Video of the Sacellum exhibition, June 2022 at fortyfivedownstairs.
Interview on JOY FM Sunday Arts program (5 June 2022) for Sacellum and Gavin Brown’s After the Fire at fortyfivedownstairs
Promotional video for the Sacellum exhibition, June 2022 at fortyfivedownstairs.
Exhibition at fortyfivedownstairs, 45 Flinders Lane, Melbourne.
Exhibition Runs Tuesday 7 June – Saturday 18 June 2022. Open night Friday 10 June, 6pm – 8pm
Tues to Fri: 12pm – 6pm, Sat: 12pm – 4pm, Tues & Fri evenings 6pm – 8pm
Previews by appointment email@example.com
sacellum: a small chapel within a church, or a sanctuary dedicated to a deity
Sacellum is an infected confection of the sacred and technology. A melancholic wink at consumerism and spirituality. A dialogue between a certain past and an uncertain future.
The artist reclaims engravings of Renaissance images and layers them with a mélange of modern detritus – from aluminium cans to discarded laptop motherboards – scanned at ultra-high resolution to reveal surprising new views and hidden landscapes.
Technology is as omnipotent and omnipresent as religion once was, controlling what we see and feel, for better or worse. In the past, priests and preachers were the exclusive producers of cultural propaganda, but today this role is subsumed by the ubiquity of our devices and our connection to the internet.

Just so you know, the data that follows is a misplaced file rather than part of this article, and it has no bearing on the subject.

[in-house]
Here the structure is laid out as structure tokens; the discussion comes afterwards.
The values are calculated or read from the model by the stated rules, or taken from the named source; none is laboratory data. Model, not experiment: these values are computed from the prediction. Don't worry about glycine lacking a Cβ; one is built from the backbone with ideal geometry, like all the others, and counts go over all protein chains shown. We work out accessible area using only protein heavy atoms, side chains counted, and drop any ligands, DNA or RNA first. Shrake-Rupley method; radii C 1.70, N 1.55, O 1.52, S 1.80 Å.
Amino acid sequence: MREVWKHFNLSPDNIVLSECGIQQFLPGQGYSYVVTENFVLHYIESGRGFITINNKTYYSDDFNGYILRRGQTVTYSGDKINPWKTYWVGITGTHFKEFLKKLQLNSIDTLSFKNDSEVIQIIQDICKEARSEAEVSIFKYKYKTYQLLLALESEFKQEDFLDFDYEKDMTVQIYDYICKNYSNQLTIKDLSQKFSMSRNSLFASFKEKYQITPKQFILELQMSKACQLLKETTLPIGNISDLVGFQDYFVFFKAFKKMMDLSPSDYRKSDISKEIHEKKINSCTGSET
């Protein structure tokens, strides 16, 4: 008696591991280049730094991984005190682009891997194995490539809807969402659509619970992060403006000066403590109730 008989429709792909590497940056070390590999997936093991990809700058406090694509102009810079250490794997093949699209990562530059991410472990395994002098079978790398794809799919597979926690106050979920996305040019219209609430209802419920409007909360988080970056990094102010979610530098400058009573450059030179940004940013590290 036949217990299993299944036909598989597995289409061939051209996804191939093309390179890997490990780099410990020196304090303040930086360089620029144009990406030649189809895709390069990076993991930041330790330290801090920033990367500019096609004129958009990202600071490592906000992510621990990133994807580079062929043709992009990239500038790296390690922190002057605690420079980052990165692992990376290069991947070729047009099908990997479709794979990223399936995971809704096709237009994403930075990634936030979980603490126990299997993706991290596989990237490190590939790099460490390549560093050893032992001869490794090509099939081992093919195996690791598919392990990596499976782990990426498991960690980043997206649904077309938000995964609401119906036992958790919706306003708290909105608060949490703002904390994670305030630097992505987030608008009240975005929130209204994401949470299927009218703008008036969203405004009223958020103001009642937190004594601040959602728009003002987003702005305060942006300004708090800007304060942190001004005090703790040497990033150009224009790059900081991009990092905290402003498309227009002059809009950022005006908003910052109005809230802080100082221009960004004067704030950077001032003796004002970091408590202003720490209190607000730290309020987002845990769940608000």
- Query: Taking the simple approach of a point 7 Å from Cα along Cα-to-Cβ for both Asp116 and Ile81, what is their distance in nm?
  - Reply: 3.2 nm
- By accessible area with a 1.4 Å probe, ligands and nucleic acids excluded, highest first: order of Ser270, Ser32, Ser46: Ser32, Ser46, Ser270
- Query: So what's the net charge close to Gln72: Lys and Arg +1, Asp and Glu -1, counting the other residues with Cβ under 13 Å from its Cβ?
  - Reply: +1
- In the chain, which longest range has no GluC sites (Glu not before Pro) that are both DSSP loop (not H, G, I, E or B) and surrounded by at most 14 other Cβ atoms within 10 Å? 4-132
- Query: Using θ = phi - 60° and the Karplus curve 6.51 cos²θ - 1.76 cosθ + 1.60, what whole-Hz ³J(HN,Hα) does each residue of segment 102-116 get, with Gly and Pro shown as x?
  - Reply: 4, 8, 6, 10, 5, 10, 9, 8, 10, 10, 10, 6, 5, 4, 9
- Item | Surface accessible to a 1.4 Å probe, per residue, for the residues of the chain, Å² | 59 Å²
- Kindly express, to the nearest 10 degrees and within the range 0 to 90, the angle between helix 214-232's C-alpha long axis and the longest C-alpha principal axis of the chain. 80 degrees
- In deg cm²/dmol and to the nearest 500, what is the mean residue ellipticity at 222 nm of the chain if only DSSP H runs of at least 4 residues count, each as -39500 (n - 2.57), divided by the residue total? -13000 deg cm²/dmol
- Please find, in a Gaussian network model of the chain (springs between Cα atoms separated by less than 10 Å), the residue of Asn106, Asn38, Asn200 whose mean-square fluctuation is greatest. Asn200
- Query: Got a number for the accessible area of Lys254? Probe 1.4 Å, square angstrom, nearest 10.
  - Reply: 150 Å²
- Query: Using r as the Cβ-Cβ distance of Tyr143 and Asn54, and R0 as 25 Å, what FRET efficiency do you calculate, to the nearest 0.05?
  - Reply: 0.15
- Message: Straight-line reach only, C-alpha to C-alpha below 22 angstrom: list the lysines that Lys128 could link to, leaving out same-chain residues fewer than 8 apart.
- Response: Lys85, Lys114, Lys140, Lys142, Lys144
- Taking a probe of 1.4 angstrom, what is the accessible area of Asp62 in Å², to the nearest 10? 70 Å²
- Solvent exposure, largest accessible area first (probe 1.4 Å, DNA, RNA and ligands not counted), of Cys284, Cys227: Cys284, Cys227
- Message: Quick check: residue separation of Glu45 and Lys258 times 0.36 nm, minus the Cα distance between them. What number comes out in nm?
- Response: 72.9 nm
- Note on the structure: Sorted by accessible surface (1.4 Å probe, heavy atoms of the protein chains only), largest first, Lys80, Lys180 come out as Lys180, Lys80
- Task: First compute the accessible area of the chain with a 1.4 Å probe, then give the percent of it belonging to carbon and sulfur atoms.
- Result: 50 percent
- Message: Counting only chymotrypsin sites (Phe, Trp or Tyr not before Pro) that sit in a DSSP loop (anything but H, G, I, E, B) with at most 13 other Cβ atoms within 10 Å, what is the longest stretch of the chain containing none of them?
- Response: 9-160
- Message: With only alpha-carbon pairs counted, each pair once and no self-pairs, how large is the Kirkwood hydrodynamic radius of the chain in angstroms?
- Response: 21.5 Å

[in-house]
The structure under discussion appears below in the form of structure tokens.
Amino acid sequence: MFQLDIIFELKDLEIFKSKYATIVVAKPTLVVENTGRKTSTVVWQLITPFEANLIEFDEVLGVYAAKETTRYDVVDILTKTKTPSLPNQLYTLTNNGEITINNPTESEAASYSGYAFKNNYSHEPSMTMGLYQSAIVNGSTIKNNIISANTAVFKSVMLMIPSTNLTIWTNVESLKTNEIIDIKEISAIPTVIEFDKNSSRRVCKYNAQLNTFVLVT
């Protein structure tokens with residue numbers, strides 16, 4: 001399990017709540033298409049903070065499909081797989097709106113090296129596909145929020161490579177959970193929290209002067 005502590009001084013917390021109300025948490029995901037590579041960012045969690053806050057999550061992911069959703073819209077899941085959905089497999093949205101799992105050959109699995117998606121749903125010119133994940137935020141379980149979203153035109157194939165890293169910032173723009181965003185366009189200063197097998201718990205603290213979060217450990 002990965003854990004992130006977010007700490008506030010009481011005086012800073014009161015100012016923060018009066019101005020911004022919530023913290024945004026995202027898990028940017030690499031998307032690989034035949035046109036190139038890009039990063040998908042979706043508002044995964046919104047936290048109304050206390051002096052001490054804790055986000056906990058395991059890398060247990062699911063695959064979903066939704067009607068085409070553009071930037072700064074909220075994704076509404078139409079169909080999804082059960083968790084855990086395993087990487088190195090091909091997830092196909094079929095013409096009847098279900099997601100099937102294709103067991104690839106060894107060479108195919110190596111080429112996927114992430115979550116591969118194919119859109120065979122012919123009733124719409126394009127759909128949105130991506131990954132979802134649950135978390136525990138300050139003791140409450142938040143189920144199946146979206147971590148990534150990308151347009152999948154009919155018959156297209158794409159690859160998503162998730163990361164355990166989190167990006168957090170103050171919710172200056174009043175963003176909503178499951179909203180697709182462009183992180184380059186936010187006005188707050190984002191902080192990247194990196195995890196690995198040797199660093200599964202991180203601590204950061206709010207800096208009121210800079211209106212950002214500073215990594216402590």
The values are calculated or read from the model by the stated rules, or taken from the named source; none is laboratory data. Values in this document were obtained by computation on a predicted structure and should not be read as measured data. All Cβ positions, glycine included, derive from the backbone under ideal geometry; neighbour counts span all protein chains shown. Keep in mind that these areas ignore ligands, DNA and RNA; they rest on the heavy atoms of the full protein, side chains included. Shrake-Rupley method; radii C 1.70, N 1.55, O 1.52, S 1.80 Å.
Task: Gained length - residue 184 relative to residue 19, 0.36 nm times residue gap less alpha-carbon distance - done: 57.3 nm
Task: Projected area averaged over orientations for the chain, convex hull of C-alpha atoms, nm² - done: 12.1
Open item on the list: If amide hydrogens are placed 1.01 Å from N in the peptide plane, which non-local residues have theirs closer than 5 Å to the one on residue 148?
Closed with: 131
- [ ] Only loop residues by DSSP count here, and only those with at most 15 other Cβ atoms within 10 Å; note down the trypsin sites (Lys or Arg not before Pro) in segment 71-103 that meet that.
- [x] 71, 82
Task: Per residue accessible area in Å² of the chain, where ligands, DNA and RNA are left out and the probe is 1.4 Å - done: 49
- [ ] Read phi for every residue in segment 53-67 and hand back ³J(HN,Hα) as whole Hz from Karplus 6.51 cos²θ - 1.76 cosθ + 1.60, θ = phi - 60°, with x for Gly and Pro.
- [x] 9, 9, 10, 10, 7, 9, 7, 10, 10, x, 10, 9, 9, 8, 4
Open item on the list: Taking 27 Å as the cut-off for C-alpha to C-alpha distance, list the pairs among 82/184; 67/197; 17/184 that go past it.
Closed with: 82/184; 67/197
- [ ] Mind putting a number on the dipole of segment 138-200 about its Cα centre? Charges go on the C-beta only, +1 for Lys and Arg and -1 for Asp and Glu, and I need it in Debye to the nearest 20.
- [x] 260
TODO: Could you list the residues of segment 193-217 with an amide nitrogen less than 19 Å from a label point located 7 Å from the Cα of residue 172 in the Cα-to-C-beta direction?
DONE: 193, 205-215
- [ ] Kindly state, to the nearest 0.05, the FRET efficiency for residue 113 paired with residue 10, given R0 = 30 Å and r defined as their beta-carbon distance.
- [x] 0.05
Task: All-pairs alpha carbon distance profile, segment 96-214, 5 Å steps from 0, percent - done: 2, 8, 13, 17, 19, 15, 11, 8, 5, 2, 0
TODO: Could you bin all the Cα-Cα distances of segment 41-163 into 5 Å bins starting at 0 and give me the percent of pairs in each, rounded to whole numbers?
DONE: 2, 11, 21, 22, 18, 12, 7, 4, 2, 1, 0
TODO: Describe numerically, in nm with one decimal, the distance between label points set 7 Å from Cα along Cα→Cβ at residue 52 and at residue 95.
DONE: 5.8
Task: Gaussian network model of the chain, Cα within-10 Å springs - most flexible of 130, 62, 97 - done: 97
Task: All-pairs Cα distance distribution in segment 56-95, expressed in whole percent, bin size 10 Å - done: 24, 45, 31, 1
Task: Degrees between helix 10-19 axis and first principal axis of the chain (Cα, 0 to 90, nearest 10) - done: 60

Sacellum is a contemplation of this control of our hearts and minds; a moving patternation of the contemporary and the classical. The portals of belief continue to look over us, providing a glimmer of hope for what lies ahead.
Exhibition Opens Saturday 25 May 2019, 2pm – 4pm
Exhibition Runs Tuesday 21 May – Saturday 1 June
Tues to Fri: 11am – 5pm, Sat: 11am – 3pm
After the success of his Bone Idol exhibition on the walls of fortyfivedownstairs in 2015, Chris Orr returns with a new show.
Conventicle is an unorthodox assemblage of Renaissance and Georgian engravings blanketed in everyday detritus, modern ephemera and classical stencils.
A diet of ever-changing colour, with velvet hues, flourescent outbursts and unexpected complexions.
Old soft drink cans, disregarded packaging and discarded motherboards are expertly re-assembled in an exciting declamatory recitation of social archaeology.